The Waiting Room
Director Roger Goldby helmed and wrote The Waiting Room, 2007 movie, staring the ever excellent Anne Marie Duff, with fine support from Frank Finlay, Rupert Graves and the ever delectable Daisy Donovan. Alongside the wonderful Phyllida Law. All in all, a very fine cast in a drama/romance which takes it’s time and allows the characters to breathe.
Two strangers, Anna and Stephen come together thanks to a chance meeting with a man who is waiting on a station platform for his wife. Their meeting sparks off a chain of events that is going to end up having massive significance in their lives as they start to examine everything that is going on around them, from their relationships to their working lives and they both begin to challenge their beliefs about what they really want. They both have a series of decisions to make that my be hard to face but which, if they can carry them through will ultimately change their lives for the better and may even bring them together once more.
This is a beautifully written, shot and acted movie without any great spectacle apart from that which exists in the lives of everyday people. The movie doesn’t pretend to be anything that it isn’t and is extremely confident in doing so and although it’s ending is somewhat predictable, there are a lot of twists and turns along the way, making it an intriguing and dramatic examination of human interpersonals.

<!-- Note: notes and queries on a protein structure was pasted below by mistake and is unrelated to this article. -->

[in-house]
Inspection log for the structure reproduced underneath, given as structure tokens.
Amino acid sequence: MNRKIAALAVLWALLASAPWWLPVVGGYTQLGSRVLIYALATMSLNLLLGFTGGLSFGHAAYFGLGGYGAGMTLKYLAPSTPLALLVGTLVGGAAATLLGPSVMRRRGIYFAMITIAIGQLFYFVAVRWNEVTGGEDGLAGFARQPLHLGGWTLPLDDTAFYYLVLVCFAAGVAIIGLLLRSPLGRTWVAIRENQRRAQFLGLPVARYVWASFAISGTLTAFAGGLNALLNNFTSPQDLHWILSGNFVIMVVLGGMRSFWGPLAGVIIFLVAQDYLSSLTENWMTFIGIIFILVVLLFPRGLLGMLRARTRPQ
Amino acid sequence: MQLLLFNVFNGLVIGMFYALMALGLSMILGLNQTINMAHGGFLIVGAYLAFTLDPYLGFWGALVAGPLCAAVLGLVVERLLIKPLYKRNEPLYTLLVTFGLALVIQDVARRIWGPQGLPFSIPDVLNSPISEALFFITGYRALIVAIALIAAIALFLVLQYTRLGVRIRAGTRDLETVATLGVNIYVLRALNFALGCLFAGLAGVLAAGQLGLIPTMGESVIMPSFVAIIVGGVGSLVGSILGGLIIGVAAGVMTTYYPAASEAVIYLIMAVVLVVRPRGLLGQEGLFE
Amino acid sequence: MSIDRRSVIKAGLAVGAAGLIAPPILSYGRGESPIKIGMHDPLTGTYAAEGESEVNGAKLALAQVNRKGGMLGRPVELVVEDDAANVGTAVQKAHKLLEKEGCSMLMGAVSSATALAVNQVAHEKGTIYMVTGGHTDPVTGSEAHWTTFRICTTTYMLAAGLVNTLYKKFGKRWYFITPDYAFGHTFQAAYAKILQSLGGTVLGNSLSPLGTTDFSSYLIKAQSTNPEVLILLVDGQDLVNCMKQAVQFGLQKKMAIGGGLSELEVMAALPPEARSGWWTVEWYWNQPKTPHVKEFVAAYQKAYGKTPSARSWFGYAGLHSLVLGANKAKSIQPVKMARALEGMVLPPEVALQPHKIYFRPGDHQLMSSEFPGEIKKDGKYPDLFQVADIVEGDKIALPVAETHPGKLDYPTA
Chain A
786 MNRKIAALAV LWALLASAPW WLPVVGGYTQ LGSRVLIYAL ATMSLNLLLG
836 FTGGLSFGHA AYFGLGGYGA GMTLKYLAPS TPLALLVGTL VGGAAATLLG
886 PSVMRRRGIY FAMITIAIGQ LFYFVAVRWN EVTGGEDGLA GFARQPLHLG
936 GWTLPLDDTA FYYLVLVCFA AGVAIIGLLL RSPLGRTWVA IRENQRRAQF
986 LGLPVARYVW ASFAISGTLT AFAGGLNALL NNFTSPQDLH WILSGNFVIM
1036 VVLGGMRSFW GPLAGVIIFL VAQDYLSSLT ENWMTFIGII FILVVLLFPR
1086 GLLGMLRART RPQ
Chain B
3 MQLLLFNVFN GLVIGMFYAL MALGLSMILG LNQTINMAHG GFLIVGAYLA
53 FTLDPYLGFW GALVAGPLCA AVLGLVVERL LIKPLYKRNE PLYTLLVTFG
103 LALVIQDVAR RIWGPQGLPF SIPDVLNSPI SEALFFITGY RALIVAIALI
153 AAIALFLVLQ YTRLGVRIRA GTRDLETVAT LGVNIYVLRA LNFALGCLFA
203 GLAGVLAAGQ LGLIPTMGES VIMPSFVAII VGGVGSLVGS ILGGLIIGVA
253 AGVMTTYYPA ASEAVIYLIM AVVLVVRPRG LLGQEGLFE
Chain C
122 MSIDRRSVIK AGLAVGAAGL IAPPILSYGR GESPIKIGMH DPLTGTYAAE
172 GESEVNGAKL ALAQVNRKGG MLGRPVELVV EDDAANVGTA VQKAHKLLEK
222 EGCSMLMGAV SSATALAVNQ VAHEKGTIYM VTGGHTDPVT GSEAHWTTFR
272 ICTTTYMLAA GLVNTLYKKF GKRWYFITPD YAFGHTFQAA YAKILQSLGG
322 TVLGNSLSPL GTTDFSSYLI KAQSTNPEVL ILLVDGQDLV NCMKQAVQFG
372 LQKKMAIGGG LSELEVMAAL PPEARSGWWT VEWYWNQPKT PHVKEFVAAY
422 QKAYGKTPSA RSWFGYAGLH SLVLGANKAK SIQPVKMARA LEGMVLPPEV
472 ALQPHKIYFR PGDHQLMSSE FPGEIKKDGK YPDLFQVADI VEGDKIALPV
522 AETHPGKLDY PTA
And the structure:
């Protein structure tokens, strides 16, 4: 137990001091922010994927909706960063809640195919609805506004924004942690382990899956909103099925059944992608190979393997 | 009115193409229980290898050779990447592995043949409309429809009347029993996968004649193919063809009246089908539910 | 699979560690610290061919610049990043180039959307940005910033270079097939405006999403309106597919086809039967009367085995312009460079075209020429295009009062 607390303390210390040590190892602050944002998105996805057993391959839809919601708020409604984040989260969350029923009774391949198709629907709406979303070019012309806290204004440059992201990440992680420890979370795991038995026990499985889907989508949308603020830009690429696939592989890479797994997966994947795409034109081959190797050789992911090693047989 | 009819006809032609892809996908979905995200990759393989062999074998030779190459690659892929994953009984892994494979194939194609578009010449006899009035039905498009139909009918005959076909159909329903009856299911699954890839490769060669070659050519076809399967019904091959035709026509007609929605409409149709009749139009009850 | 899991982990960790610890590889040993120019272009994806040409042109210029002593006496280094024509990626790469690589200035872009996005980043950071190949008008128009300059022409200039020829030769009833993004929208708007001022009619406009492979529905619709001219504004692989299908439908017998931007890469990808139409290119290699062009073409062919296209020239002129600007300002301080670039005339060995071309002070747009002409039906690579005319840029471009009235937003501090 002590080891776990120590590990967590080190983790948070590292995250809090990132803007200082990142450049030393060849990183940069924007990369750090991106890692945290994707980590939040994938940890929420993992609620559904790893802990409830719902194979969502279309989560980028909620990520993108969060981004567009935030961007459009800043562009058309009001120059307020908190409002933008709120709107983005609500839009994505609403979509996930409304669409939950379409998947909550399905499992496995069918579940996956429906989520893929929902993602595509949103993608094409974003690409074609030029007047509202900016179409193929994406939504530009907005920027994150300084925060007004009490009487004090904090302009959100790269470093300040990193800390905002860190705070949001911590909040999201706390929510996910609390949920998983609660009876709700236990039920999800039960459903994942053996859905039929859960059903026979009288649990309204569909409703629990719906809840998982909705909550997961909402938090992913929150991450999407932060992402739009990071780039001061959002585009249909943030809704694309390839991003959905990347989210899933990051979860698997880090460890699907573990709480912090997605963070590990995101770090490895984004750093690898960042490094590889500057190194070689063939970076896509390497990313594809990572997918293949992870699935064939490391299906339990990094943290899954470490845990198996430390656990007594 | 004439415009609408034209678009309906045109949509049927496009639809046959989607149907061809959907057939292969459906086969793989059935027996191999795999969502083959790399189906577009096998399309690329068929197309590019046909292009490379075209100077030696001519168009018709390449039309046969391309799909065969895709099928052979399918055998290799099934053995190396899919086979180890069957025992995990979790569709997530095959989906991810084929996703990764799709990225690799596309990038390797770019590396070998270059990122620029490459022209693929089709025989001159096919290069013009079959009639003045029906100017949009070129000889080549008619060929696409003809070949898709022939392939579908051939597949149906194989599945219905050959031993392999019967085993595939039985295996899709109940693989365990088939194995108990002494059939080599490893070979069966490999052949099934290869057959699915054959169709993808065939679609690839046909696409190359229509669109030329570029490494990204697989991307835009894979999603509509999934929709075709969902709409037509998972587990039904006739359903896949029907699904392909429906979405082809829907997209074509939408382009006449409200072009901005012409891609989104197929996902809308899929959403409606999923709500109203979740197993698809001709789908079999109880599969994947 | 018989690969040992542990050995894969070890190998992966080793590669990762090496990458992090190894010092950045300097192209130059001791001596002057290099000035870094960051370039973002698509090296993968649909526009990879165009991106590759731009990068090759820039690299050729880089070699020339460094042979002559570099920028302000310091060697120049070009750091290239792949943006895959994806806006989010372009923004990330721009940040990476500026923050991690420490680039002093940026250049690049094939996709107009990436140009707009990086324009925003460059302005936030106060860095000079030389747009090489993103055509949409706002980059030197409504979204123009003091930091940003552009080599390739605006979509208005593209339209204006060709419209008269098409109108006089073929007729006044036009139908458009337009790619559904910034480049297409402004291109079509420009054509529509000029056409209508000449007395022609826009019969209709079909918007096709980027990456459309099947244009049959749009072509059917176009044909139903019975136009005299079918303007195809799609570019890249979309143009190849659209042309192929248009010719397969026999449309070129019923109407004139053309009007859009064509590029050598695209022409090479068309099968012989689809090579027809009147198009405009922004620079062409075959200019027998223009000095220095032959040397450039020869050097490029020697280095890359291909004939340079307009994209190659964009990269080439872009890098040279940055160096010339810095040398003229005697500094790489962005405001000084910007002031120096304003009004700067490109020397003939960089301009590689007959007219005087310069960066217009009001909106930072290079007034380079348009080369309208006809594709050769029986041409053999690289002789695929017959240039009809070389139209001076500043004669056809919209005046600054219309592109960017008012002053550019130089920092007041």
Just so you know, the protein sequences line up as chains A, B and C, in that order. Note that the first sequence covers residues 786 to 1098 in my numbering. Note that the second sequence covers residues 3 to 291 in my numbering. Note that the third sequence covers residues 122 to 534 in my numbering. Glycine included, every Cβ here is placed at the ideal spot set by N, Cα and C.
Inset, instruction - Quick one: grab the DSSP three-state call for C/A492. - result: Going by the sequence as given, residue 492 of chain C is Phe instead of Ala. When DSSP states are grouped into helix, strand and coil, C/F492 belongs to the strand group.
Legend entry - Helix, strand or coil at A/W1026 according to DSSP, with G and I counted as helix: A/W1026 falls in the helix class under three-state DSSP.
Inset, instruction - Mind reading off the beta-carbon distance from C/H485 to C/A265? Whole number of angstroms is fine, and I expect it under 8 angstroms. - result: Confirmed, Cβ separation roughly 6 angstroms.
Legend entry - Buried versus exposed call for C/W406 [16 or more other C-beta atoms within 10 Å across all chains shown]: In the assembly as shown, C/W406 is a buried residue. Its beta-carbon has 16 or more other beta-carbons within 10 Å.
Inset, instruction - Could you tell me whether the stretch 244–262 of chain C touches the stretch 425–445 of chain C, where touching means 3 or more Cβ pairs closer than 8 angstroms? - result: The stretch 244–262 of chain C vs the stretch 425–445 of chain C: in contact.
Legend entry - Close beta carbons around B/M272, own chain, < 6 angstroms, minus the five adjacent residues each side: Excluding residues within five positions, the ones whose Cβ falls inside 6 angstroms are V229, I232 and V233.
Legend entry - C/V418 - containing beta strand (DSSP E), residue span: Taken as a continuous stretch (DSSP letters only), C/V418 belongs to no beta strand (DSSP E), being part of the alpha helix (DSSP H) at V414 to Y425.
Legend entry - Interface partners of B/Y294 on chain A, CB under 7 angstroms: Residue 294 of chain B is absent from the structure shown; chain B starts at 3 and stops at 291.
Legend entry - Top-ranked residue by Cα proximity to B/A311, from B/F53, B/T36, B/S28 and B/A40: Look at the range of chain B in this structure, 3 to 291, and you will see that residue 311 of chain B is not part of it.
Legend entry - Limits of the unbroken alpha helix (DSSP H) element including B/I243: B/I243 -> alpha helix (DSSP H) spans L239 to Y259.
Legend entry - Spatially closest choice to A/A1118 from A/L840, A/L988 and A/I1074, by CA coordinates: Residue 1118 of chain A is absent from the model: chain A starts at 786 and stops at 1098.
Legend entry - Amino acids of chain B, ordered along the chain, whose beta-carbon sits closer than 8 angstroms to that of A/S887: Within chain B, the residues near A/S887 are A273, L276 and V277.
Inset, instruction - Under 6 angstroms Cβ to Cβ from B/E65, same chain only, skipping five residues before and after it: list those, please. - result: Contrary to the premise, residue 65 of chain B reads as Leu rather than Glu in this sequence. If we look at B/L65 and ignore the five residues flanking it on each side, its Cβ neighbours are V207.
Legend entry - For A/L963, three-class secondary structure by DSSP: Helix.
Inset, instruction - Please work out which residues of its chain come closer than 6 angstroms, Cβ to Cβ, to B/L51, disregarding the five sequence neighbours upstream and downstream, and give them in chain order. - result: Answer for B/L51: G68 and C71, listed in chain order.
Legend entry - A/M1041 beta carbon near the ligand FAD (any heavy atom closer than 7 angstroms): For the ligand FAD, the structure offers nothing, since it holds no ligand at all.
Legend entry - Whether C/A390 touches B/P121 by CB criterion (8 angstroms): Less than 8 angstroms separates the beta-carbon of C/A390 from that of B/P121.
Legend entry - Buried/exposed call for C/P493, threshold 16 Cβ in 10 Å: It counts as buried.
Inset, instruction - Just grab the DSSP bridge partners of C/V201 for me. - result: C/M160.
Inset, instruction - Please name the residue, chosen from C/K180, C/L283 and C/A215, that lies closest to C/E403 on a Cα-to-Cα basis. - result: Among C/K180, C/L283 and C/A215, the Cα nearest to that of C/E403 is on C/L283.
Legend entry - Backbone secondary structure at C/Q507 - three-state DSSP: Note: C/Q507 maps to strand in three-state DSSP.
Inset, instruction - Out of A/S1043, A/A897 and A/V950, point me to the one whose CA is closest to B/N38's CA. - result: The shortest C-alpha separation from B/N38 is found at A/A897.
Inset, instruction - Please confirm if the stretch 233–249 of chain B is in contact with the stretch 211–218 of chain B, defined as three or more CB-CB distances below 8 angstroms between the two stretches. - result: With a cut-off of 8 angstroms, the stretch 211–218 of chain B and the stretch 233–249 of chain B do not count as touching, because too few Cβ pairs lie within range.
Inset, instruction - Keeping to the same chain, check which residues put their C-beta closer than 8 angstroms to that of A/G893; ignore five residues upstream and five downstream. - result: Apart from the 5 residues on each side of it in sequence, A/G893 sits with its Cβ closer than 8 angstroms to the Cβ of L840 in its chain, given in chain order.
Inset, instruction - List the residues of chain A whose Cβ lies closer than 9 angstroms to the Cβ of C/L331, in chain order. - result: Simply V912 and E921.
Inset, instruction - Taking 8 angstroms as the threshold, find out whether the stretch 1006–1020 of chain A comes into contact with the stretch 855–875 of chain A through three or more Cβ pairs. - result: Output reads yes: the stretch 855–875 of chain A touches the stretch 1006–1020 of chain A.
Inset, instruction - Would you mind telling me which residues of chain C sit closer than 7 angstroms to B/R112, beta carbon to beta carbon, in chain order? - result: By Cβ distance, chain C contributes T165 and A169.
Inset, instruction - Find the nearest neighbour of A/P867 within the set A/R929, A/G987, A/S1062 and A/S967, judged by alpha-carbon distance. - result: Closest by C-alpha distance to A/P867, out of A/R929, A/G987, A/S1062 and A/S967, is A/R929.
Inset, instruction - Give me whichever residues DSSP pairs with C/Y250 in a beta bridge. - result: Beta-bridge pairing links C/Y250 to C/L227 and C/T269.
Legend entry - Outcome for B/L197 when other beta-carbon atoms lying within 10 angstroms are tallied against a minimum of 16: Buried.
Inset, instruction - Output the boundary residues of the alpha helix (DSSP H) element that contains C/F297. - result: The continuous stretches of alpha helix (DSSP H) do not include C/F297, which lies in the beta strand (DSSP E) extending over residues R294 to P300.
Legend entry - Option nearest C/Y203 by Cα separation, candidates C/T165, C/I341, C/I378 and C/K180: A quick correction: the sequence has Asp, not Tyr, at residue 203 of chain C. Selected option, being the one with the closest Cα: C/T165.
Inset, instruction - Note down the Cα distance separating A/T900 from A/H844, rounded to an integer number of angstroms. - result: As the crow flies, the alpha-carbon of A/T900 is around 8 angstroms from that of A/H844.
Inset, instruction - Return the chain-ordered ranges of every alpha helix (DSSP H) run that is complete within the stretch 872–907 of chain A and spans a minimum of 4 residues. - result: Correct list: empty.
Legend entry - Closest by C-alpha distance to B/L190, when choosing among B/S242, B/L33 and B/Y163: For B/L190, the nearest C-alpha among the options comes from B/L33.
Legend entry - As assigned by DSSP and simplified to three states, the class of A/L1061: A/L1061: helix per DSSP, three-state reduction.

Although it runs for nearly two hours, the movie never drags and the central performances are engaging enough to hold the interest throughout. Especially good are Anne Marie Duff and of course, Frank Finlay who never turns in a bad performance in anything and the supporting cast are all uniformly excellent and very believable, which is a great help to this movie. In fact the whole film is convincing and realistic, set against a wonderfullyLondonurban background, very rooted in reality. There are laughs along the way as well and the viewer will be left with a feeling of self examination that is unusual for such a movie. Unusual and in it’s own quiet way, quite riveting.